The International Monetary Fund slashed its 2014 economic growth forecast for Brazil by a full percentage point Tuesday, to 0.3 percent, blaming weak investment and a consumer funk.
Brazil, Latin America's biggest economy and the world's seventh-largest, entered recession in the first half of the year, a painful reversal of the rapid growth it posted in the 2000s.
"Weak competitiveness, low business confidence, and tighter financial conditions (with interest rate hikes through April 2014) have constrained investment, and the ongoing moderation in employment and credit growth has been weighing on consumption," the IMF said.
Inflation has also reached the government target maximum of 6.3 percent, as reported by the IMF and the Central Bank of Brazil.
The IMF said the situation was being exacerbated by political uncertainty created ahead of a presidential run-off poll on October 26 between leftist incumbent Dilma Rousseff, who topped Sunday's first-round vote, and business favorite Aecio Neves.
"A moderate pick-up in activity is expected for 2015, with growth rising to 1.4 percent as the political uncertainty surrounding this year's presidential election dissipates," it said.
Between the BRICS countries (Brazil, Russia, India, China, and South Africa), only Russia, with 0.2 percent, is currently performing worse than the Latin American giant.
Investors accuse Rousseff, whose Workers' Party has now been in power for 12 years, of excessive interventionism in the economy.
Markets reacted excitedly to Neves reaching the second-round vote.
Sao Paulo's Bovespa stock index closed nearly five percent higher Monday and added another 0.5 percent Tuesday.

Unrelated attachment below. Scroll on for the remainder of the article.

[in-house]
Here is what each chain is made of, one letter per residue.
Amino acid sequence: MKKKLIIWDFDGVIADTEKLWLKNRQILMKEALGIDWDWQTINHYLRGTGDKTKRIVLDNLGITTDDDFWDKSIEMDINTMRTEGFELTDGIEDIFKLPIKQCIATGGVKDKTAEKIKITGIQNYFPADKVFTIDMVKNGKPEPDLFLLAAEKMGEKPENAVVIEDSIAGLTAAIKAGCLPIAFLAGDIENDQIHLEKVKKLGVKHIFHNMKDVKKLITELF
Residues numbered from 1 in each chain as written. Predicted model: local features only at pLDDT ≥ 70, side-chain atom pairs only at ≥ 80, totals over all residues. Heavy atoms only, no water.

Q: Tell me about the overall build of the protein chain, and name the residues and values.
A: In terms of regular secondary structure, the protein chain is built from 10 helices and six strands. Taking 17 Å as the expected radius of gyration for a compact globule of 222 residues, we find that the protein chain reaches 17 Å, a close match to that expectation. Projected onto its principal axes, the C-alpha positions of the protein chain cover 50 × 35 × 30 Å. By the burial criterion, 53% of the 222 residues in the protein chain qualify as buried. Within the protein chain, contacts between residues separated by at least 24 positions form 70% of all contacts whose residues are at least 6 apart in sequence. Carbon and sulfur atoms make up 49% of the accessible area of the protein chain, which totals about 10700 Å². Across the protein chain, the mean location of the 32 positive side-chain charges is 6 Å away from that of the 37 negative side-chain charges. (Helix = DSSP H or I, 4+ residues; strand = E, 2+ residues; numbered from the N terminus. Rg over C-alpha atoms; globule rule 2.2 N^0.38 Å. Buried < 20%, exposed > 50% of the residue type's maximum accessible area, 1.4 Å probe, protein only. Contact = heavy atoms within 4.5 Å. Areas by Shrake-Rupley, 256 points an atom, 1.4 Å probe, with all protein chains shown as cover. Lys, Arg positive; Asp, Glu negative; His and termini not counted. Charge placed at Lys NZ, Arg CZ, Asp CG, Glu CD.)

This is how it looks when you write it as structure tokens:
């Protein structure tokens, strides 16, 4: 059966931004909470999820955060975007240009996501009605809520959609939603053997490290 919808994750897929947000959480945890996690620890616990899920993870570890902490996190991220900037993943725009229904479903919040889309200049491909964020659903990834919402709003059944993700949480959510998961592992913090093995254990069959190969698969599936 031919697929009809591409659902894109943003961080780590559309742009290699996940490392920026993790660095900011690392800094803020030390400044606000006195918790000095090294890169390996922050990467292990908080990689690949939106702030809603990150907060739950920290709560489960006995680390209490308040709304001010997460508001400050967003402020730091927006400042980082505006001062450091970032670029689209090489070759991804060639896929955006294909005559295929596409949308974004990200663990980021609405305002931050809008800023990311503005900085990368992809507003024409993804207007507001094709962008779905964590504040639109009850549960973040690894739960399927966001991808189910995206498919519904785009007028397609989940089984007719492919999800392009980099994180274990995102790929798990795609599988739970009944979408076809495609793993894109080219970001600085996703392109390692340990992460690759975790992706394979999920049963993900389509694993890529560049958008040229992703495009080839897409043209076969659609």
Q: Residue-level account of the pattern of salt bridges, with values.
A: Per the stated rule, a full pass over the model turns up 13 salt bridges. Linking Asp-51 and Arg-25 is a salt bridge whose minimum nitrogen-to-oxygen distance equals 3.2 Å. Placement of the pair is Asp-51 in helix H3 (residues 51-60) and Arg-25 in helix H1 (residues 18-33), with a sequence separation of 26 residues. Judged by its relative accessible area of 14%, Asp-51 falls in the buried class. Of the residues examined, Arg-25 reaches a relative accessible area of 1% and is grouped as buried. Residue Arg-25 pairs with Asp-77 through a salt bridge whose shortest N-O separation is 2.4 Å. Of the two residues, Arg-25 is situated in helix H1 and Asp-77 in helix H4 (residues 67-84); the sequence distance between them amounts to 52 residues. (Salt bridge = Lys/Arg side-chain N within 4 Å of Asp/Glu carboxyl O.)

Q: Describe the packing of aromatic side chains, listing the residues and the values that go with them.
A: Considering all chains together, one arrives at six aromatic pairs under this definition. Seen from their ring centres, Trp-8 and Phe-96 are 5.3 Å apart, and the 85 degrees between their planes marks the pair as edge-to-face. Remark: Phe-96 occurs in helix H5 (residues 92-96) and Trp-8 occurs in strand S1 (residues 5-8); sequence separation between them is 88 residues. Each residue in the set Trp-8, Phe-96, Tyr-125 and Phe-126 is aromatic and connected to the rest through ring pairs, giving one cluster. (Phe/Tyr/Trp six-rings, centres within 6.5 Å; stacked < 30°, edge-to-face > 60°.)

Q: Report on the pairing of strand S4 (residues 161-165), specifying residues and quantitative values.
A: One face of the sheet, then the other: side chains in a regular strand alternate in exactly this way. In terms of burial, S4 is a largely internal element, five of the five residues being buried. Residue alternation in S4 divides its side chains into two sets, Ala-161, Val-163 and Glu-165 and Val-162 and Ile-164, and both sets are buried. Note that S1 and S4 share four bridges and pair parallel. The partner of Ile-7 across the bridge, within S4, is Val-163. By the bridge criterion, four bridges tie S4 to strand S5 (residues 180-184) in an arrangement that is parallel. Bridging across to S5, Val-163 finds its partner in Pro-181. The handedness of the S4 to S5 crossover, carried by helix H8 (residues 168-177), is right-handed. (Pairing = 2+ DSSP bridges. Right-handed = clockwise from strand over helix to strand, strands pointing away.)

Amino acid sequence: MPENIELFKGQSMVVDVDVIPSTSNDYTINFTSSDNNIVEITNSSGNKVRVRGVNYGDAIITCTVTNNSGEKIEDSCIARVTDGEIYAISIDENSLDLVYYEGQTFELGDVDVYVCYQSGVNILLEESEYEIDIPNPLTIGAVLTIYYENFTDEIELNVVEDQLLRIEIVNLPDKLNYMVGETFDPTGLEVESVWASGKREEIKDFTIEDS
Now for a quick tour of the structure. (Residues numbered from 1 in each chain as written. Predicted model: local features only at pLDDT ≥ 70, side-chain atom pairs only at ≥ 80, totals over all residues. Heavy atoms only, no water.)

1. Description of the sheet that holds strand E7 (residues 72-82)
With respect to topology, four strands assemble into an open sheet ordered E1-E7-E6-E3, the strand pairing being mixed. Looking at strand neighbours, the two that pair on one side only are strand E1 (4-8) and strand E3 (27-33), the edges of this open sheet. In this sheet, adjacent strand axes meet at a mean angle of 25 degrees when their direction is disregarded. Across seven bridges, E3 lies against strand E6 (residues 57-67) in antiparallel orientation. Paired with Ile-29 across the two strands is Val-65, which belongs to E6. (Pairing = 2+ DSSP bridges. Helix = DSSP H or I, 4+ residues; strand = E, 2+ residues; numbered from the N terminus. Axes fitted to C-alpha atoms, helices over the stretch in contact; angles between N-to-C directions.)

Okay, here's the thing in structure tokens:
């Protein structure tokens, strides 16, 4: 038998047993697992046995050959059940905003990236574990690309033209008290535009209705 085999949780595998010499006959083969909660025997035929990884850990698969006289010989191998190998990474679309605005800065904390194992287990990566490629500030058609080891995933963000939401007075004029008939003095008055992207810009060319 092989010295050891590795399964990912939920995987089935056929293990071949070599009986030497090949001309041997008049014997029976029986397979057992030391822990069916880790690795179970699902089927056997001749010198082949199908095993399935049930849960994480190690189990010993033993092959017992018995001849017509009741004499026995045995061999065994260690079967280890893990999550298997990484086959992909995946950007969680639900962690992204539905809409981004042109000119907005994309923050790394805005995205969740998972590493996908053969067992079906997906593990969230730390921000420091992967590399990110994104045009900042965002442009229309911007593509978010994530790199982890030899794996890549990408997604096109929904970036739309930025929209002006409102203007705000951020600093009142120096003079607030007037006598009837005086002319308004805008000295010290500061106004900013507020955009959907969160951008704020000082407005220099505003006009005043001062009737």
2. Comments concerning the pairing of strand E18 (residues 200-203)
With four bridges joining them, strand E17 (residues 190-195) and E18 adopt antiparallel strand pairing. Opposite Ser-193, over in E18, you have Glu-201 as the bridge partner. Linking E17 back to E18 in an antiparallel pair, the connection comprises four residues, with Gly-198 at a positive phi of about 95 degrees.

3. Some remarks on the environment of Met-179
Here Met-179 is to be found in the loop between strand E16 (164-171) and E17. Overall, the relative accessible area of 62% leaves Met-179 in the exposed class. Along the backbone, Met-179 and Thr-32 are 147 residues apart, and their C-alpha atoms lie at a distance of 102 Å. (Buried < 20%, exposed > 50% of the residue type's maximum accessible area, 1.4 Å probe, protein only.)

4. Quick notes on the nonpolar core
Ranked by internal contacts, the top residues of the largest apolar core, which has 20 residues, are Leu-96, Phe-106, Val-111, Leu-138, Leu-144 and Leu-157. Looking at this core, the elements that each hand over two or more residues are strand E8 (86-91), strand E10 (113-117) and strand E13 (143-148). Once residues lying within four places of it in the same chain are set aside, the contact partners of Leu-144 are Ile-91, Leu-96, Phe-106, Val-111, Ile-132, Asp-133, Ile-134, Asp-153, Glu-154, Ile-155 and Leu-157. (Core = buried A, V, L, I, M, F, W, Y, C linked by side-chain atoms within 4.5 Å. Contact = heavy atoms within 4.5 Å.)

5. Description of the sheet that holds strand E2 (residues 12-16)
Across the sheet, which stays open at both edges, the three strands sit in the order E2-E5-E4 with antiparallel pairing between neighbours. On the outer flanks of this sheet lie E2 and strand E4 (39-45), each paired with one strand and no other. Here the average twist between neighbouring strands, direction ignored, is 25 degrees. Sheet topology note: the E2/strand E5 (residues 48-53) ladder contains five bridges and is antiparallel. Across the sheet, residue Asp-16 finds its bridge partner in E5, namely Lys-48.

The IMF lowered its forecast across Latin America and the Caribbean, predicting 1.3 percent growth this year, down from a July forecast of 2.0 percent.
Next year the region is predicted to grow 2.2 percent, down from 2.6 percent in July.
Latin American commodity exporters could be weakened by shocks in external demand, on lower investment from key client China, as well as by "an abrupt rise in US interest rates."
"Many economies struggle to find new engines of sustainable growth in an environment of stagnant commodity prices and more binding supply bottlenecks," revealing the need for structural reform to boost investment and productivity.
The weaker outlook is being caused by "external factors, given weaker-than-expected export performance amid deteriorating terms of trade," the IMF said.
In Mexico, the region's second-largest economy, the growth forecast was steady at 2.4 percent this year, rising to 3.5 percent for 2015.
Despite "weak external demand and construction activity," the IMF said Mexican growth would pick up from 2015 due to landmark energy reforms and recovery in the United States.
The IMF warned that in Argentina, the region's third-largest economy, output was being choked by "macroeconomic and policy imbalances" fueling inflation, economic contraction and a weakening peso.
In Venezuela, the IMF decried "severe policy distortions that have led to widespread shortages, a collapse in growth, and inflation now exceeding 60 percent."